“The pattern extends to violence less severe than murder, like the Jan. 6 attack on Congress. It also extends to the language from some Republican politicians — including Donald Trump — and conservative media figures that treats violence as a legitimate form of political expression.”
—-

The killer’s plan, after completing his mission in Buffalo, was to come to the city where I live, to a corner where I once worked, and continue the bloodshed. He has no remorse. He did not deserve the benefit of the doubt, or his so-called right to bear arms.

Regardless of where he was planning his next attack, good people were going about their daily business on a sunny day in Buffalo and were brutally murdered simply because of the color of their skin. I’m mad as hell. I hope you are, too. And I hope we all finally do something about it.

Dirty Little Secret Garden

My new raised bed organic garden has a secret, and I’m here to spill the beans:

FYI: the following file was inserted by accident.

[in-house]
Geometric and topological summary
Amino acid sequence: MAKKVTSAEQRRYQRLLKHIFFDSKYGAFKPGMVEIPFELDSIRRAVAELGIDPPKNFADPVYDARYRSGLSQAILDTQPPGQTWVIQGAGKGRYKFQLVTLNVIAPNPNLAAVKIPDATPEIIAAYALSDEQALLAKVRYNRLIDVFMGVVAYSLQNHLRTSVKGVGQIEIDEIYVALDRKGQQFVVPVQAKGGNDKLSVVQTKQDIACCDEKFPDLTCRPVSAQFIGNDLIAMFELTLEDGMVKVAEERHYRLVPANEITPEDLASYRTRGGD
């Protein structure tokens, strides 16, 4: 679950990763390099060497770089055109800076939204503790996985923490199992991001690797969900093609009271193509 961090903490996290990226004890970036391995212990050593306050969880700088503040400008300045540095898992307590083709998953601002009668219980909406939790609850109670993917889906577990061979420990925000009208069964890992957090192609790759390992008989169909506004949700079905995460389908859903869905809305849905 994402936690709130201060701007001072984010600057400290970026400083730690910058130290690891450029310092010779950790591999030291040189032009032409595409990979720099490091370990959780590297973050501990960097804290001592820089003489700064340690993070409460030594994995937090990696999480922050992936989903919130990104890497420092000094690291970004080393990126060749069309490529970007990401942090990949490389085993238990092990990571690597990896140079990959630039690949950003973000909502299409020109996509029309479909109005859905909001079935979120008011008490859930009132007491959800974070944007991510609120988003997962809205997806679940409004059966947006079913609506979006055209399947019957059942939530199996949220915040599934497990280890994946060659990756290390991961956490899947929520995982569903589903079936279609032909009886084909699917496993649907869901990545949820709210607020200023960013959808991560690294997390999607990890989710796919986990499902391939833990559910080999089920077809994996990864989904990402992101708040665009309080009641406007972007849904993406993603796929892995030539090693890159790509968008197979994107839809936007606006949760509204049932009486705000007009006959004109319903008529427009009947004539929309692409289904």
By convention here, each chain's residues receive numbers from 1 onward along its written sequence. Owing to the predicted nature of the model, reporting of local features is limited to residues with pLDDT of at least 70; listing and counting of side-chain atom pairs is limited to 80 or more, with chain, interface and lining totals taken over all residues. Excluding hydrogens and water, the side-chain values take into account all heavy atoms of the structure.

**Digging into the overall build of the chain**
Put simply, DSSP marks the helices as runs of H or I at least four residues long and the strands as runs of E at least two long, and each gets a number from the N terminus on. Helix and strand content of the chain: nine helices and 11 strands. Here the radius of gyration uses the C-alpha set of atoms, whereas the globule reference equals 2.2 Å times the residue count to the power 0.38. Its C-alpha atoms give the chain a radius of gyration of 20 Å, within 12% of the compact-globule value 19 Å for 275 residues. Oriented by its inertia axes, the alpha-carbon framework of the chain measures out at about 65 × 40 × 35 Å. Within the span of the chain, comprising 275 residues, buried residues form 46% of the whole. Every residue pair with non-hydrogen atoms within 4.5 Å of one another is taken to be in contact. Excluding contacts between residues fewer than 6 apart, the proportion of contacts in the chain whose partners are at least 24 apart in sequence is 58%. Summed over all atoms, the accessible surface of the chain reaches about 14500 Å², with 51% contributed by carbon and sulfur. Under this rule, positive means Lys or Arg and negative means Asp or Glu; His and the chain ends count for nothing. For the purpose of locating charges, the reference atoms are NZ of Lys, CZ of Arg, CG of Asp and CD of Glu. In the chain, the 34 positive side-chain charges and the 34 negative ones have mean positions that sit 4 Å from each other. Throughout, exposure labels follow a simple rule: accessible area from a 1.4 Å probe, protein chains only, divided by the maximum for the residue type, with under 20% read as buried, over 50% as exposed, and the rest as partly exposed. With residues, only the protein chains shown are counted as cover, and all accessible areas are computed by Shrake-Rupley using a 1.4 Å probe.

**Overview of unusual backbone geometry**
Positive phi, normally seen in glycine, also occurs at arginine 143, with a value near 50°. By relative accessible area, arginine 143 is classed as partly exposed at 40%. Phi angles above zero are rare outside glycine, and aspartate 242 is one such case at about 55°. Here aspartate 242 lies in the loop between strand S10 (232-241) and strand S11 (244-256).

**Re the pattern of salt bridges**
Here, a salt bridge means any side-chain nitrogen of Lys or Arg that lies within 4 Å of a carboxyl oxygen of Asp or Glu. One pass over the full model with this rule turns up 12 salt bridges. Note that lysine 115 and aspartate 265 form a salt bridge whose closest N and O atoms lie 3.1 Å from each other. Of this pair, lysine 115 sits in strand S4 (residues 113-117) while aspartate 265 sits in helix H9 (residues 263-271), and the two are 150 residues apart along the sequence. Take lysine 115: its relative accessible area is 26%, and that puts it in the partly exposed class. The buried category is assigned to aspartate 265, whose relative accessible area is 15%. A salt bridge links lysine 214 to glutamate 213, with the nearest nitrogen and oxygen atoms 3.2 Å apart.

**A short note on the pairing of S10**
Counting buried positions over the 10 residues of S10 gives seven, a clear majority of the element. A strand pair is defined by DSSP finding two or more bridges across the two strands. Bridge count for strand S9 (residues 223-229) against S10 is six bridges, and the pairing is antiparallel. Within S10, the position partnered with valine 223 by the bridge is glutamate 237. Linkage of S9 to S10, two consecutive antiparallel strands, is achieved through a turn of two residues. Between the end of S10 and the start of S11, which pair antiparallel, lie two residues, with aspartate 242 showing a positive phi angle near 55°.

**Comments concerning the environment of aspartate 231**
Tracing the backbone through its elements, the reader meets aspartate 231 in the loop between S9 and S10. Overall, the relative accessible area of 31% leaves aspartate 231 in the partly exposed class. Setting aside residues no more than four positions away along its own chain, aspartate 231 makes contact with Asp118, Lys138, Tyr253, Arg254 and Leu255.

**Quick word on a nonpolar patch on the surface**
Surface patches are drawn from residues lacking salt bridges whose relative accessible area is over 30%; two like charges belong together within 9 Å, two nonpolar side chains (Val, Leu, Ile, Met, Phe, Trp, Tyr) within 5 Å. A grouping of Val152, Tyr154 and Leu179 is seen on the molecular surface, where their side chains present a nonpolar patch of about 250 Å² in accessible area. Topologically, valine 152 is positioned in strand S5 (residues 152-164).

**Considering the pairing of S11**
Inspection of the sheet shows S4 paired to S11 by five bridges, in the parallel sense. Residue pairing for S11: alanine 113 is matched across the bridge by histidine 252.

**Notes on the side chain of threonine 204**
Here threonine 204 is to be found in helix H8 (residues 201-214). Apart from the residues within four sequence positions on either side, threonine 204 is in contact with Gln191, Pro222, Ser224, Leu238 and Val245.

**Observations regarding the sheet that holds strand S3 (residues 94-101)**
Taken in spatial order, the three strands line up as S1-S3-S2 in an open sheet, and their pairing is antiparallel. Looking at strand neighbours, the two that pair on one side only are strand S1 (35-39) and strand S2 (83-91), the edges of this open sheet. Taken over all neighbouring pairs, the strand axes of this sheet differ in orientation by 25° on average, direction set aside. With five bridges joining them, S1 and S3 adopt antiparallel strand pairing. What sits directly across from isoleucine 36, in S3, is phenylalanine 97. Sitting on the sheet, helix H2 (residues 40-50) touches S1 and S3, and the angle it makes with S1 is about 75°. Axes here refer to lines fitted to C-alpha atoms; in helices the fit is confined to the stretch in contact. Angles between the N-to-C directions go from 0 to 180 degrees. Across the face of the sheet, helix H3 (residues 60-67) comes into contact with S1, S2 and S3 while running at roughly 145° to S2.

It’s going to be a bountiful harvest!

How do I know that? Well, I don’t. But after spending a significant portion of my annual food budget on this dirty little project, I’m trying to stay positive.

I tried a raised bed garden once, with poor quality soil that was only about 4 inches deep. The birds loved my arugula. My carrots grew sideways.

But I wasn’t ready to give up. Now that I’ve put down new roots here in Rochester, where I’ve got a new backyard to play in, I’ve decided to dig deep into gardening one more time.

Growing a few tomatoes and peppers is simple, right? You just turn over some dirt, plant, weed, and harvest. But because I’m me, I had to watch a video, buy a book, and spend countless hours agonizing over every tiny detail, even including the garden’s eventual location (which I’ve changed three times).

The book I bought, “All New Square Foot Gardening” by Mel Bartholomew, is great. It explains, in simple language and with pictures, how to build 6-inch deep raised bed garden boxes, what to fill them with, what to plant, and when to plant. I’m trying to follow Mel’s instructions step by step, and so far things are going according to plan – albeit slowly.

The first thing I did after buying Mel’s book was to start some seeds indoors. That was the easy part.